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Last post Author Topic: How can we fix government? (U.S.)  (Read 6080 times)

Paul Keith

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How can we fix government? (U.S.)
« on: June 27, 2010, 01:50:18 PM »
Quora: http://www.quora.com...an-we-fix-government

Quote
I need to disagree with all of the above, unfortunately.  Government is not the elected representatives, 90% of the time.  This is completely opposed to how things should theoretically be, but in the limited time I spent on Capitol Hill, I came to believe that reality does not match the theory.

First off, bills are written by staffers, not the elected officials.  It's obvious if you think about it, but let's follow this chain a little bit.  Who are the staffers?  Generally, late 20s through mid 30s.  Kids and young adults, basically, with little 'real world' experience.  Most are Political Science or Communications majors, meaning they know how government 'works' but rarely about what they're governing.  There are exceptions--like AAAS or NSF fellows--but they are exceptions, not the rule.

Lobbyist reform is important, but not for the reasons people list above.  At worst, lobbyists working at the level described above tweak a bill around the edges.  The health care bill is something like 1500 pages, right?  At this point, lobbyist-driven deals are tweaking a few paragraphs.  It's true that these minor changes can have major effects, BUT think about the staffers writing these bills.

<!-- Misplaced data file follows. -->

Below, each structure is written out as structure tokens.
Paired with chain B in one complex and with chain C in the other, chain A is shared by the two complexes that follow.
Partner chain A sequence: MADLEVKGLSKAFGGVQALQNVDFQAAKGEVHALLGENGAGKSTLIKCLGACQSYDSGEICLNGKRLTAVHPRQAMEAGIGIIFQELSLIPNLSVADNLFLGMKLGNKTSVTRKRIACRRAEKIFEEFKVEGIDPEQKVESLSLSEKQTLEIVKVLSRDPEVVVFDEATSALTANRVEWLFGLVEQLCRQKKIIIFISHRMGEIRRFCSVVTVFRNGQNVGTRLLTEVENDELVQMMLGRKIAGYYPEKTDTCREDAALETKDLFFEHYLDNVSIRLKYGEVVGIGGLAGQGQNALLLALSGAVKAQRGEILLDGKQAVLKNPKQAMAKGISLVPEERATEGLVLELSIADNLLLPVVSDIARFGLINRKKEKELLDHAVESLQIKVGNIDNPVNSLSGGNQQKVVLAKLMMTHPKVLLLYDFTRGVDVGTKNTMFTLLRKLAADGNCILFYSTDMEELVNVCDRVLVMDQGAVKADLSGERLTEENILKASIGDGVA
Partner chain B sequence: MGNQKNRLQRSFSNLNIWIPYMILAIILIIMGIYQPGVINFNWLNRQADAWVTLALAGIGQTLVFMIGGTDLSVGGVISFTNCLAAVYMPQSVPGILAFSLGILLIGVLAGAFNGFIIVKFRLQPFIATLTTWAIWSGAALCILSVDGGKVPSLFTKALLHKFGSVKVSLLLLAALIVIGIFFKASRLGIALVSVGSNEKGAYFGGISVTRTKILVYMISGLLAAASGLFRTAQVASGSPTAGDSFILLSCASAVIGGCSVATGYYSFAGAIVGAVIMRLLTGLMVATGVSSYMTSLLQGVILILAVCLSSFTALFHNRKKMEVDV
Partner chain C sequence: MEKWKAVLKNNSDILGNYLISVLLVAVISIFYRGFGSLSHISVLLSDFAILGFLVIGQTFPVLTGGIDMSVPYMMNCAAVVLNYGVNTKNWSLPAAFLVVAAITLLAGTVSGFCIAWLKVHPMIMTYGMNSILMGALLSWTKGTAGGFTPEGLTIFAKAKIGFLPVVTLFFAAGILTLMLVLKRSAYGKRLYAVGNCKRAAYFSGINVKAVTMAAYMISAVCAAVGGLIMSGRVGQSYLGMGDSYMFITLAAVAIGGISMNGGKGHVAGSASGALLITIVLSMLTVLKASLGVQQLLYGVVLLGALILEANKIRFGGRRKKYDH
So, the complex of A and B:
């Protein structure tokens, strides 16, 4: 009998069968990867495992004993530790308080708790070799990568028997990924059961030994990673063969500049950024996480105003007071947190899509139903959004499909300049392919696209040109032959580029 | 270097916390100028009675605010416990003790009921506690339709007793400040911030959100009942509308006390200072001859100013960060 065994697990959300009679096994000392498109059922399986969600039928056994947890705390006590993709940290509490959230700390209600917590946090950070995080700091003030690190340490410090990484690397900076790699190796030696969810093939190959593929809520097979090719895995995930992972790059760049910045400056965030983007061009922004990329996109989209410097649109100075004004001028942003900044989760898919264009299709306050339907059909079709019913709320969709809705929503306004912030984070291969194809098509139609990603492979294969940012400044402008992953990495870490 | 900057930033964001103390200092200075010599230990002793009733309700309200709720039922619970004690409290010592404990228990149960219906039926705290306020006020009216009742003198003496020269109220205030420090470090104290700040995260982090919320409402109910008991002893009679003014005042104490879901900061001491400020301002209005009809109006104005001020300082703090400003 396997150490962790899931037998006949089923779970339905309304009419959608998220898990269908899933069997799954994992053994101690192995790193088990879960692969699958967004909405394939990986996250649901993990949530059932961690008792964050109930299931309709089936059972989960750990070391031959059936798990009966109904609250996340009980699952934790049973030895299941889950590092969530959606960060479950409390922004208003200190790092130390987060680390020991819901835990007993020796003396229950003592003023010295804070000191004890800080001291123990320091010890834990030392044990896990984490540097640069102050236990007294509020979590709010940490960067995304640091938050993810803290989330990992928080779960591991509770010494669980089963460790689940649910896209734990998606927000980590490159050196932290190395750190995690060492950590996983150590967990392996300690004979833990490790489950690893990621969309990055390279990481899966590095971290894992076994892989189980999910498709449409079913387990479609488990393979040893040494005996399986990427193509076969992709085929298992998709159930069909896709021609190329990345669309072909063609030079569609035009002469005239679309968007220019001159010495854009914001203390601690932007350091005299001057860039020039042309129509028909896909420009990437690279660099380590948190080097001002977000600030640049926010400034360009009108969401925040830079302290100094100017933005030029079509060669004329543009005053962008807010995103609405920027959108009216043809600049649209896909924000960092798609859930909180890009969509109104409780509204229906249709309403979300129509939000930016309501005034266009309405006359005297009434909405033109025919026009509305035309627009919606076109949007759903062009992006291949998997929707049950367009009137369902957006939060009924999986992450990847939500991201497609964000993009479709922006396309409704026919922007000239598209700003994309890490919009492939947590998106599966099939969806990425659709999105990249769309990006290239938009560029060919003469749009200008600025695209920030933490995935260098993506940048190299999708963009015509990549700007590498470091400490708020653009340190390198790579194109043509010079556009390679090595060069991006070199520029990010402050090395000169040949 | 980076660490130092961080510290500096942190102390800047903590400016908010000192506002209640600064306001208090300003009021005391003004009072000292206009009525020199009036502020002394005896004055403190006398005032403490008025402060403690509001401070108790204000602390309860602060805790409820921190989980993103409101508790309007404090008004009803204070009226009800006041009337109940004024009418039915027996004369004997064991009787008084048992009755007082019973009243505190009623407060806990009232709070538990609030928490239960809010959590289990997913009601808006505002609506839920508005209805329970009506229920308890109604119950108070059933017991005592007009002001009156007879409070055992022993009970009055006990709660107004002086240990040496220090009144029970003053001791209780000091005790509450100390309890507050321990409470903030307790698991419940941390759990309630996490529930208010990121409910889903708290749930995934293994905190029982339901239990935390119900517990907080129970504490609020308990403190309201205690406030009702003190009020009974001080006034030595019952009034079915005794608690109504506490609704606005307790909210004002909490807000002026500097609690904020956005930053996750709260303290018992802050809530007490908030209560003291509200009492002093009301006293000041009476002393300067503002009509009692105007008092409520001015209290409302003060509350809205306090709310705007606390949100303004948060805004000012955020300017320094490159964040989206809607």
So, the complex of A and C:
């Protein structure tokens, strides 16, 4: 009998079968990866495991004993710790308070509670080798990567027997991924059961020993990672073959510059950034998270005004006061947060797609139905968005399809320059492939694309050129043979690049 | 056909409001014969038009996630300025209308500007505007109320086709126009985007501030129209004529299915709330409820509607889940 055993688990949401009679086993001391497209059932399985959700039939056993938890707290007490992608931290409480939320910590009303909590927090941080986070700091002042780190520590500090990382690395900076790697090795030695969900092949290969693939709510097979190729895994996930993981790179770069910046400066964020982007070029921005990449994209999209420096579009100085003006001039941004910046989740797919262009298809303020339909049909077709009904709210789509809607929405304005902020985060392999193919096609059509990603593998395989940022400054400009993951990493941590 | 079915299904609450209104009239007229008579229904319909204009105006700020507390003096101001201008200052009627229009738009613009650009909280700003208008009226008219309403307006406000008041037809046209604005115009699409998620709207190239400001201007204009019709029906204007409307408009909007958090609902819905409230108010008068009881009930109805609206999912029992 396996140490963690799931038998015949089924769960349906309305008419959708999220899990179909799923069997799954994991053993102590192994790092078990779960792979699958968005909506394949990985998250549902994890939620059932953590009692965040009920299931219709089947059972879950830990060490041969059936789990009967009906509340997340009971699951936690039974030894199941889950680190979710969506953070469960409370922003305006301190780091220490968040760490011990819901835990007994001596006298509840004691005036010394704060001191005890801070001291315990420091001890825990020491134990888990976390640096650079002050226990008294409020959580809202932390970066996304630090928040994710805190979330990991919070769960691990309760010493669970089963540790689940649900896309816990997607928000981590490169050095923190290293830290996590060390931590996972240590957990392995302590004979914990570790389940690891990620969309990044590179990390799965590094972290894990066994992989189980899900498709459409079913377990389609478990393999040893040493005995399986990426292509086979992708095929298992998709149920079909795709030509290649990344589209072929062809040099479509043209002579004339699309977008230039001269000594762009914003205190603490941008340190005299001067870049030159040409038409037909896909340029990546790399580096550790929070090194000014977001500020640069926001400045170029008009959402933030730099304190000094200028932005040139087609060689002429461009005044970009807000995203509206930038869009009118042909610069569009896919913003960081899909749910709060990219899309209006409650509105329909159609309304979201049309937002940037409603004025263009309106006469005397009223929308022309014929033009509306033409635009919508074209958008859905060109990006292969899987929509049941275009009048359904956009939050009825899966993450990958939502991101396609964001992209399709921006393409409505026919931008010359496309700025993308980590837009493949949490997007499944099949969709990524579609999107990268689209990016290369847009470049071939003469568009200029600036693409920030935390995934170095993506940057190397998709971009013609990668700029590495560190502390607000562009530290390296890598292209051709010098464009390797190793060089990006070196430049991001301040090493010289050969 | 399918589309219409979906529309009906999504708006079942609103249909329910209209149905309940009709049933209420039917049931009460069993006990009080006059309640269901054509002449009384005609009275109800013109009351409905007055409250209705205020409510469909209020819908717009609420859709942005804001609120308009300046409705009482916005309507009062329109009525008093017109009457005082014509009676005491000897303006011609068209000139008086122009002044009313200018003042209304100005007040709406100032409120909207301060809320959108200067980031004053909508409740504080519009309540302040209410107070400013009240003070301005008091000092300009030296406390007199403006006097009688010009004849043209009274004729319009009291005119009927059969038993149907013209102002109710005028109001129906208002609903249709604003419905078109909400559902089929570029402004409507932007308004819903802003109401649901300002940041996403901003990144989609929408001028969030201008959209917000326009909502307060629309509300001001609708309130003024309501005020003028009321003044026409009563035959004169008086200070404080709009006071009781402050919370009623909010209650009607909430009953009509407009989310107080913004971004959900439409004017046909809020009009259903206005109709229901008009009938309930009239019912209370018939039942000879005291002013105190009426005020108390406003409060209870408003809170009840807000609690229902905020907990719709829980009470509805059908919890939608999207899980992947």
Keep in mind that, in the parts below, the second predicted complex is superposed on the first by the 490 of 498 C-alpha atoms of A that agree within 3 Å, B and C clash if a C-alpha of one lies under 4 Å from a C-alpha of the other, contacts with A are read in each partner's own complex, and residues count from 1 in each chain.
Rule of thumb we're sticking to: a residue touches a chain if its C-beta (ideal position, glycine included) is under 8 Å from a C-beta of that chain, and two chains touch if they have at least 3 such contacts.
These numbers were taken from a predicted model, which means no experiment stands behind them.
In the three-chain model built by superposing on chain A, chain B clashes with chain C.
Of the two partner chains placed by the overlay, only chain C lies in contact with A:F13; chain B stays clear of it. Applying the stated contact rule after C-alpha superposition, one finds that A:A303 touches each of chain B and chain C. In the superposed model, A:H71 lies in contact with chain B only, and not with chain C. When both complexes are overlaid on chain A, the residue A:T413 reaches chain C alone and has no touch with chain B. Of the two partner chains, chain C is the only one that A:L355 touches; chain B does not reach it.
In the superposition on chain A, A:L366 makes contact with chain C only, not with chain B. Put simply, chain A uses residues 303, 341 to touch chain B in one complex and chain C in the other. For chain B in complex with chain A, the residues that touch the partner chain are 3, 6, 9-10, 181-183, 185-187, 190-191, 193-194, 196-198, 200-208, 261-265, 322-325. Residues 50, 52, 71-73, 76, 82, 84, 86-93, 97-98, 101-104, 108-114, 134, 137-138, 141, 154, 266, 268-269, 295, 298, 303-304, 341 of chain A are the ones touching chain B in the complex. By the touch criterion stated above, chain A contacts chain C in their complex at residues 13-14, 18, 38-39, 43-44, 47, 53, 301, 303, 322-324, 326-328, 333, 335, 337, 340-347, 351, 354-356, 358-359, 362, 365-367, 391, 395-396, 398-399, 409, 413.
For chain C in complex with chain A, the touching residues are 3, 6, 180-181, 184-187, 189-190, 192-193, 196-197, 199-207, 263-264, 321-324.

You're 26, overworked, and your boss is demanding a policy paper on Net Neutrality.  You've got 3 constituent letters that need to get approved that are being written by your interns.  You're working on a constituent response piece dealing with an NRA mailer that dumped 150 angry letters in your boss's office.  You're covering three other major topics--'science,' environment, and Veteran's Affairs, for example.  You're getting this paper done--how? So you turn to a friend, who's working for a think tank that specializes in Net Neutrality.  He or she gets you a bunch of pages that you tweak up to match your boss's position on the issue and deliver that to the Chief of Staff.